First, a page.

Animated Short Film: ‘Helios’ by Juan Behrens

18 Dec
2010

Experience an adventure through time and space in this animated short film ‘Helios’ by Juan Behrens.

Background on animation:

During the 17th century, the Roman Catholic church believed that the earth was the center of the universe and people who tried to prove them wrong were in danger of being accused of heresy. Helios is the story of how an idea found his innovator, triggering a series of consequences in time. The date is 1609, Italy, late night at Galileo Galilei’s workplace watching the sky, studying celestial bodies focusing on the moon. He prepares to see this unexplored world with his customized telescope while some of his sketches and notes rest on the floor. After a gentle approach to the telescope, he sees the moon through it, a celestial body full of enigmas and intriguing for any human eye. After a moment, a bright light invades his scene but he does not notice it. This light resembles the silhouette of the invention, this enigmatic form splits into three muses.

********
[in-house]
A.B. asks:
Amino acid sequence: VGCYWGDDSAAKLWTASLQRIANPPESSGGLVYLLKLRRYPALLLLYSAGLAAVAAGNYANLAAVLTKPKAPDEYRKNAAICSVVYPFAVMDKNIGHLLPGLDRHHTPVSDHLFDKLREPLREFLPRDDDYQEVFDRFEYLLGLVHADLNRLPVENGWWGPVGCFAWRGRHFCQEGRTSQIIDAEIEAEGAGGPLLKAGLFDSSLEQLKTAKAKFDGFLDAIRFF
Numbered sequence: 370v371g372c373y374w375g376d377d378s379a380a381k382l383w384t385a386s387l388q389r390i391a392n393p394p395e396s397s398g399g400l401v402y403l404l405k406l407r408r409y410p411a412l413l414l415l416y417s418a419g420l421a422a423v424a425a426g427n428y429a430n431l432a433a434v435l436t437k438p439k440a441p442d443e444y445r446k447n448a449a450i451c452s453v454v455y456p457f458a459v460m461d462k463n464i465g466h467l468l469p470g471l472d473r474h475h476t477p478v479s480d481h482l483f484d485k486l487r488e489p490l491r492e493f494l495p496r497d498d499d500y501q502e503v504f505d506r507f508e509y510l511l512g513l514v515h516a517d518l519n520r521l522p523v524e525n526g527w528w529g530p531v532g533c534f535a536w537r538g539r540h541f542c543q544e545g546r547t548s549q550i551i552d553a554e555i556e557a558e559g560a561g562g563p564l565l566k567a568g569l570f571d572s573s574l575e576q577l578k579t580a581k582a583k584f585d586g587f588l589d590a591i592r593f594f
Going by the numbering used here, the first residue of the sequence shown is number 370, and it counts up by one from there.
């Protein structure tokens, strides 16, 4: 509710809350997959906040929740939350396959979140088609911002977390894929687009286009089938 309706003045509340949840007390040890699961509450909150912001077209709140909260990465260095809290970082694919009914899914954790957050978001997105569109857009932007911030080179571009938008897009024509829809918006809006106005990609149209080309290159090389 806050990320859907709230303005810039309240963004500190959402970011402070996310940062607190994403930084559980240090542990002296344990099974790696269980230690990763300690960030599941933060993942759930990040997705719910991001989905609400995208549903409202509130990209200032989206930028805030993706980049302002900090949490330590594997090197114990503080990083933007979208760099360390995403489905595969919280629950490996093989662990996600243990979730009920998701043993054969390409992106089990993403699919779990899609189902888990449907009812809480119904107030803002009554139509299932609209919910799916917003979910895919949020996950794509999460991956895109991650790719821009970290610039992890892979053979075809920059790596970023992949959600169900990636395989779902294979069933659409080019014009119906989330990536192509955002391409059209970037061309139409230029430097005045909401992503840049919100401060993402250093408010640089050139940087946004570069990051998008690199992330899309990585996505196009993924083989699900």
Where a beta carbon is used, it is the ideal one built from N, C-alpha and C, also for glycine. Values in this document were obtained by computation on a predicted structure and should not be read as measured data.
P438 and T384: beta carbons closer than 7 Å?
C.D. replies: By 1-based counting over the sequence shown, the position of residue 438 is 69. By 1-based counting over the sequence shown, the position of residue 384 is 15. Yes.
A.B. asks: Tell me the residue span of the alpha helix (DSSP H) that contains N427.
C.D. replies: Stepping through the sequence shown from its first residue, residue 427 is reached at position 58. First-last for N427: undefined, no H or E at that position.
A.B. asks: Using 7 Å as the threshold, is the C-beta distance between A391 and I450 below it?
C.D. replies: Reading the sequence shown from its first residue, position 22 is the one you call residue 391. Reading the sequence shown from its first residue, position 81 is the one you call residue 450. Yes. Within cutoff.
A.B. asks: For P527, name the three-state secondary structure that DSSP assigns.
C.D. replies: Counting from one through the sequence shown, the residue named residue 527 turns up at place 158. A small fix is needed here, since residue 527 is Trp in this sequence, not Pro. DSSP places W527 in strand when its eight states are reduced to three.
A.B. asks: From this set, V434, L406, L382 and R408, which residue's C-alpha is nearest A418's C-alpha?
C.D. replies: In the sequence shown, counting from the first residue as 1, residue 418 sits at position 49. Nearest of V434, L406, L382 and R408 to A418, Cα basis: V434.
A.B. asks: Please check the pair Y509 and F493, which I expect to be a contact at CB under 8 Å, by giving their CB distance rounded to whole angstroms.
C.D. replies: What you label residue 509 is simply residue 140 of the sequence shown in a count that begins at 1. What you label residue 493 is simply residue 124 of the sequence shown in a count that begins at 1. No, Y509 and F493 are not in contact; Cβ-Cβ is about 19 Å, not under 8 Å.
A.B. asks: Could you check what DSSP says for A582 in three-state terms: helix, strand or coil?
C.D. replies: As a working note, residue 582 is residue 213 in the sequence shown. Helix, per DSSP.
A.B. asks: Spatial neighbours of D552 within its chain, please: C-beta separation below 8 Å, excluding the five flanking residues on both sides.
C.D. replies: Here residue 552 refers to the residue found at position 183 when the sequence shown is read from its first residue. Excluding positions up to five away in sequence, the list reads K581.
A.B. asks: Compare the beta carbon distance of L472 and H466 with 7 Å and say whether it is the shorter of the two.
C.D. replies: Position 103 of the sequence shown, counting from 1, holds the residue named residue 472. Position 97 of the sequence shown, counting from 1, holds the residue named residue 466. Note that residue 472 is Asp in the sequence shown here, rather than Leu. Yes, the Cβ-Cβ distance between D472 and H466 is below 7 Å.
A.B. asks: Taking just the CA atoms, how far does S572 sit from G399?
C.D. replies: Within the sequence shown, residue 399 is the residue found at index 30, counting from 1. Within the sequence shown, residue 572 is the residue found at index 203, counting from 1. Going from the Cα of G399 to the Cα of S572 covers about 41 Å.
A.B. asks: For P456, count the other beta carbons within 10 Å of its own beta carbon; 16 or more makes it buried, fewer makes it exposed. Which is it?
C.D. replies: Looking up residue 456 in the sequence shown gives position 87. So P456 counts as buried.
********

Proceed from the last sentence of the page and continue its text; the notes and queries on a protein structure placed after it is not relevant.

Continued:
These three muses approach Galileo and start touching his back, rest next to him and point to the sky. Galileo start watching the moon different, he start spotting data out from the moon he did not see before, now he seems to understand how the moon works and why. He draws what he sees, prepares himself to present this to the cardinal Bellarmine at the church proving that the earth is not the center of the universe but orbits around the sun just like the moon around the earth.

Galileo’s discovery fundamentally alters the way humans perceive themselves in the cosmos. Visually, the scene transition to schematic graphs that represent each belief, they merge and present a montage of the inventions that resulted from this epiphany.

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